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As the photograph suggests, every issue of a magazine is a compilation of stories. And all of it unfolding under what should be the eagle eyes of editors who merely wish to make those stories as successful as they can possibly be in terms of theme and expression. Then come the loving hands of designers, and the fine back-and-forth that at its best yields story presentation that readers don’t want to put down. May I advance this formula: Sharp ideas + sharp writing + sharp design = sharp magazine. It appealed to me greatly to lead a magazine called Sky for Delta Air Lines. No audience was more diverse: younger, older, richer, poorer, more educated, less educated, domestic, foreign, an audience we would eventually double to more than 4 million readers per month.
M coverM: I learned the ropes of feature writing at this very good men’s magazine in the later 1980s. It was published by Fairchild Publications, and we called it a “fashion-able” magazine, as it blended a large corps of fashion coverage, the stock in trade of this publisher, with witty, timely, cheeky copy. You didn’t succeed at Fairchild unless you were “quick, cheap and good,” and I left as a Senior Editor.
FYI coverForbes FYI: I had the wonderful opportunity to participate in this start-up, which was correctly regarded as “one of the most successful of the 1990s,” along with Editor Christopher Buckley, Publisher Bob Forbes and Art Director Alexander Isley. As Managing Editor of the quarterly lifestyle magazine, did I learn! And did we have fun, which is utterly critical to the success of any feature magazine. If your magazine doesn’t radiate joie de vivre, then there is something wrong with it – and with you.
Searle Sky coverSky: I will always be grateful to Pace Communications and its CEO Bonnie McElveen-Hunter for selecting me to lead the recreation of Sky in 1995. At that time American inflight magazines were, put simply, dogs. (An exception was another Pace title, Hemispheres.) But there was no reason why they had to be. Delta approved a bold new vision, and we were off. What was the ultimate compliment? Readers who said they were flying the airline to read the magazine, who said they were deliberately traveling at the end and beginning of months so that they could see 2 different issues. Yes, it happened!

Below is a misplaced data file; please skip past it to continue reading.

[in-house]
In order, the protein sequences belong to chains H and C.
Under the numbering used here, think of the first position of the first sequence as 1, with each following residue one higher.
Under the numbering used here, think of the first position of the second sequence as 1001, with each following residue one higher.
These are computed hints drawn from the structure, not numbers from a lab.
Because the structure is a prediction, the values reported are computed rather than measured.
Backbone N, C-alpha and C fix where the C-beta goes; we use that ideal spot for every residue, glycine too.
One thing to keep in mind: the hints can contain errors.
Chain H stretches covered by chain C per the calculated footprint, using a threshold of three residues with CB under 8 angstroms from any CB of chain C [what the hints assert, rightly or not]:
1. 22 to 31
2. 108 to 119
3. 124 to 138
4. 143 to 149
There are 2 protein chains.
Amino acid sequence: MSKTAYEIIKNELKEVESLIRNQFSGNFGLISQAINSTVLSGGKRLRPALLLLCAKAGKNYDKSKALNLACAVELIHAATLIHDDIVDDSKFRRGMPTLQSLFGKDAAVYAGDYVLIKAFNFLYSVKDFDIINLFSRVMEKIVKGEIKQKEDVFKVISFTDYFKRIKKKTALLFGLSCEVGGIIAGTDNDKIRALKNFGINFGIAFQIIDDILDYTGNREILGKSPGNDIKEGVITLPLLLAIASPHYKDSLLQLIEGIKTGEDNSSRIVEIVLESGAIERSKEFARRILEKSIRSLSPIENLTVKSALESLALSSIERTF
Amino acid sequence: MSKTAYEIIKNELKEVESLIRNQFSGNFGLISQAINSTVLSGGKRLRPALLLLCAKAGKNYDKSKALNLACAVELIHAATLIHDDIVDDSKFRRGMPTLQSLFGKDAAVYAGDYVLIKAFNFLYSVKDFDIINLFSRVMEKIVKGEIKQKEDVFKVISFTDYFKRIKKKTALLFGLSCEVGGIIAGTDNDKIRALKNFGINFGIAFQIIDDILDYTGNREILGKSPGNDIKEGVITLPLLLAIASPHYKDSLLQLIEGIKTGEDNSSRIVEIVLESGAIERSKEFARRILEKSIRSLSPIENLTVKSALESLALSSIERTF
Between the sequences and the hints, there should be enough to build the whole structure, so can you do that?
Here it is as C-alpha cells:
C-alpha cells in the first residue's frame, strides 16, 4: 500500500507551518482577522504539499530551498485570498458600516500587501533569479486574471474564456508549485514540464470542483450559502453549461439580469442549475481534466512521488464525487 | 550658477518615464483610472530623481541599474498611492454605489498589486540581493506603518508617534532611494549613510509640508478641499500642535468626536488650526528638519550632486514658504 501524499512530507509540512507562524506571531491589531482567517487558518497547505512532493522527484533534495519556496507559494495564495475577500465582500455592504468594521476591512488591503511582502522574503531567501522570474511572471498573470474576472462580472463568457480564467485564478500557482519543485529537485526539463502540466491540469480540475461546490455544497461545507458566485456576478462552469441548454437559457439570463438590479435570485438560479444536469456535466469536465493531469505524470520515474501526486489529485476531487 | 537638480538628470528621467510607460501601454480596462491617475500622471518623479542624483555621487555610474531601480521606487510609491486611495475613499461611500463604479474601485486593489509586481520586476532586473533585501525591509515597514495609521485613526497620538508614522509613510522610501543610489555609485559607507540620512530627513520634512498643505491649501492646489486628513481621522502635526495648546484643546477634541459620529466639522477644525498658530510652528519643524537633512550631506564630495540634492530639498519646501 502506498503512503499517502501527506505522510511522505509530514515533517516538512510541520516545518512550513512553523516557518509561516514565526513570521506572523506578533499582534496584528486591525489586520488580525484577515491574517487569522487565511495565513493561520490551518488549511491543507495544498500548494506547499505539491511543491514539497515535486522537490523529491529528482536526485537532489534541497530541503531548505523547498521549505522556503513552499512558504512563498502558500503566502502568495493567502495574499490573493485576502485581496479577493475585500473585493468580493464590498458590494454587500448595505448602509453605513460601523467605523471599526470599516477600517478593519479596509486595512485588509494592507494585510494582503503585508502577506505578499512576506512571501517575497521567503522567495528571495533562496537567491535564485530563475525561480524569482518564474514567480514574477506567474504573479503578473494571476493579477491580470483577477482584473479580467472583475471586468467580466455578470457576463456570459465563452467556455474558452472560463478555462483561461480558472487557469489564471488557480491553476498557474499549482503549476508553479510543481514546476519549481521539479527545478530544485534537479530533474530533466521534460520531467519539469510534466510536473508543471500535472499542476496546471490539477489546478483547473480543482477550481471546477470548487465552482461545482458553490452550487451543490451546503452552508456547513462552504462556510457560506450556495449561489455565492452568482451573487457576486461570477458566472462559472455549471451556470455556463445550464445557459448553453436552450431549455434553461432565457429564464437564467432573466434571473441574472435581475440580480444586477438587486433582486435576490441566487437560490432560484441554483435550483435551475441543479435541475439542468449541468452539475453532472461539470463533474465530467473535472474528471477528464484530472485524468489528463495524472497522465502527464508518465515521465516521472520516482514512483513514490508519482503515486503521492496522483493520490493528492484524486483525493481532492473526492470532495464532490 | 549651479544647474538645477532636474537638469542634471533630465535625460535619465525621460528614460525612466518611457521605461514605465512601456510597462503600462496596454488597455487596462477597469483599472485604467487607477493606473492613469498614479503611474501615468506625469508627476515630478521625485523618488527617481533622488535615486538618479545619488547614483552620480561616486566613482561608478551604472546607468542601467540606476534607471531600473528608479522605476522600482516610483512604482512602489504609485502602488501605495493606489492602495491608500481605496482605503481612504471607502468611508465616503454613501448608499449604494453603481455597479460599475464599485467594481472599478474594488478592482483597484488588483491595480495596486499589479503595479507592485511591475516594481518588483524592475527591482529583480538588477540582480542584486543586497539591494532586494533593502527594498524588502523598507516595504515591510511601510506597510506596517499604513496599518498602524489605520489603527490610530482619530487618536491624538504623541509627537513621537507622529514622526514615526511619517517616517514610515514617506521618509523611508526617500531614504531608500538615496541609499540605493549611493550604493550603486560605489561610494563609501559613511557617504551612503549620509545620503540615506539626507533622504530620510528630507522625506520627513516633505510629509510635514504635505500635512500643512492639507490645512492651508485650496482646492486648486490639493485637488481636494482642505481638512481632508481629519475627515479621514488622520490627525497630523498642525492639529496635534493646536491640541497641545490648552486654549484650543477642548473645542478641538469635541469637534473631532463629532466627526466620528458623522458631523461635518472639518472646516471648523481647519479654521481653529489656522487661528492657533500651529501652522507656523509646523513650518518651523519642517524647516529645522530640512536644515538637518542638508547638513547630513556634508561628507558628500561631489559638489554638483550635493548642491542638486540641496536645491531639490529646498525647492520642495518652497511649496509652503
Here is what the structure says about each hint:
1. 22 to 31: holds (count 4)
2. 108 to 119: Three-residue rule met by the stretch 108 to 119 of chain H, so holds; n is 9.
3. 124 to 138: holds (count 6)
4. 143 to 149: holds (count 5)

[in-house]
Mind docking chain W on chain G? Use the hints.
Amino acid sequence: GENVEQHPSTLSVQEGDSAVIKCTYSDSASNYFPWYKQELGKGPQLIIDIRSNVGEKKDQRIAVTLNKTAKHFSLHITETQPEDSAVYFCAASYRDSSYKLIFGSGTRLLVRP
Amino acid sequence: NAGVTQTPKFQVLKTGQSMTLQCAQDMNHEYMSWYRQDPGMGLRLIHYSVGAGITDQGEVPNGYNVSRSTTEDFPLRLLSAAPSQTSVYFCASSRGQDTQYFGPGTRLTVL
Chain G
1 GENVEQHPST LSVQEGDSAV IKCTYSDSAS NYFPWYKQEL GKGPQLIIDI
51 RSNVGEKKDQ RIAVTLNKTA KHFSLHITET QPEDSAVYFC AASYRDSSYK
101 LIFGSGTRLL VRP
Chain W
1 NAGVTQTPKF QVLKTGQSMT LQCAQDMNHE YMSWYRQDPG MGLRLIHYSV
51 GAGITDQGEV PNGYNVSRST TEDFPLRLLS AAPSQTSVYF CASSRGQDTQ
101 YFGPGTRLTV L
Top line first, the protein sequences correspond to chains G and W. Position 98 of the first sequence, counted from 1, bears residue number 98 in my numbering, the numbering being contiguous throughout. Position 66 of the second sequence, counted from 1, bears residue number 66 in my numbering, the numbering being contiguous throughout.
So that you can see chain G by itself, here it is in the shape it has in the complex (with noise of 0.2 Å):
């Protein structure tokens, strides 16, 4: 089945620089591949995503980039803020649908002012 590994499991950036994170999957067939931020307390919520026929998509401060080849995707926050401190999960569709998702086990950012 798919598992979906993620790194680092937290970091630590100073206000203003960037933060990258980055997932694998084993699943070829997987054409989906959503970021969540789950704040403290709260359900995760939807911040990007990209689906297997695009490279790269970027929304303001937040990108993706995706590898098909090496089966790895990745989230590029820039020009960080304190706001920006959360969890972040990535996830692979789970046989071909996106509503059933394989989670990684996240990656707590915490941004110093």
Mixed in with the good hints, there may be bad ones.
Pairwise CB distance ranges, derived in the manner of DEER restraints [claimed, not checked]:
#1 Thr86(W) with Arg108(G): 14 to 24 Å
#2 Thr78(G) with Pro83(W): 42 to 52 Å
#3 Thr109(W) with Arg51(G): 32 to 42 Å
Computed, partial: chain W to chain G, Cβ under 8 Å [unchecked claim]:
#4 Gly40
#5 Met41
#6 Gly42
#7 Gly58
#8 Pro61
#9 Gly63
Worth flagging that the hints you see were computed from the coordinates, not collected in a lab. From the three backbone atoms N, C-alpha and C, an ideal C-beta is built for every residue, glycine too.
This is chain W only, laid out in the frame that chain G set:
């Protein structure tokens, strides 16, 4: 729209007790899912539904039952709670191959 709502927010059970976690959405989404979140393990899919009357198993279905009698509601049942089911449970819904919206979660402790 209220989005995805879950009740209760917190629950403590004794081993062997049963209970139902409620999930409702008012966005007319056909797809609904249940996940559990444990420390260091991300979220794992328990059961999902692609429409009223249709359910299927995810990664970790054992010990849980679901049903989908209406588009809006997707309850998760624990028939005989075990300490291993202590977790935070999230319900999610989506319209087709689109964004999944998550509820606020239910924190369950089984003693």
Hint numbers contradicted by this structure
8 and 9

AcuraDriverAcuraDriver: Pace excelled at custom publishing, a niche insulated from the worst of newsstand faddishness. We were selected by the luxury automobile manufacturer to recreate their semi-annual magazine, and we built it so that every aspect of its editorial featured the driving experience, whether directly or indirectly. It worked: Reader response to the initial issue was six times as great as to any issue of the previous publishers.

ShuttleSheetThe Shuttle Street: This monthly “tale of three cities” served the elite Eastern audience traveling between Washington, New York and Boston. Everyone talked to us, from PR guru Howard Rubinstein nakedly revealing the tricks of his trade to Jean-Georges Vongerichten sharing his recipe for Thanksgiving stuffing. It was the quickest of reads but teemed with suggestions for any and every hour of the day.

Sky2Sky (2): Magazines need refreshing, and this was the first from our original. The Meatpacking District in Manhattan is now well-established as a boutique-driven tourist zone. In 2000, though, you still thought twice about walking some of its side streets. Meanwhile it was attaining white-hot status, and that’s why the new Sky was there, just as our excellent corps of contributors kept us everywhere that real travelers wanted to be.
Renaissance coverRenaissance: The Wealth Management division of what was then the Wachovia Bank wanted an elegant magazine for its very affluent clientele. This magazine skillfully blended beautifully illustrated lifestyle editorial with longer-term investment planning advice. Why not take the luxury bicycling trip, it asked, when such a trip would give you the kind of quality time with your family – some of them your heirs – that you rarely got in daily life? Or, “So You Want to Own a Winery?,” detailing the real costs and hard work of what might be a compelling whim.
Sky3Sky (3): In 2005 we were ready again for a redesign. Working with world-famous designer Robert Priest, we created a magazine that faithfully reflected its moment. Men were more fashion-minded than ever – and weren’t afraid to admit it. Women were more sports-minded than ever – and weren’t afraid to admit it. Columnist Wanda Lust punned her way to travel glory, and “Thought Leaders” followed.
Four Seasons coverFour Seasons: The hotels and resorts were and are the gold standard of the trade. What they wanted was a magazine that ranged as widely as their orbit of properties, and was as intelligent and erudite as their typical guests. They got it, and when a website was added with the same values, Four Seasons was recognized as Best in Custom by the Custom Content Council, its highest award, in 2010.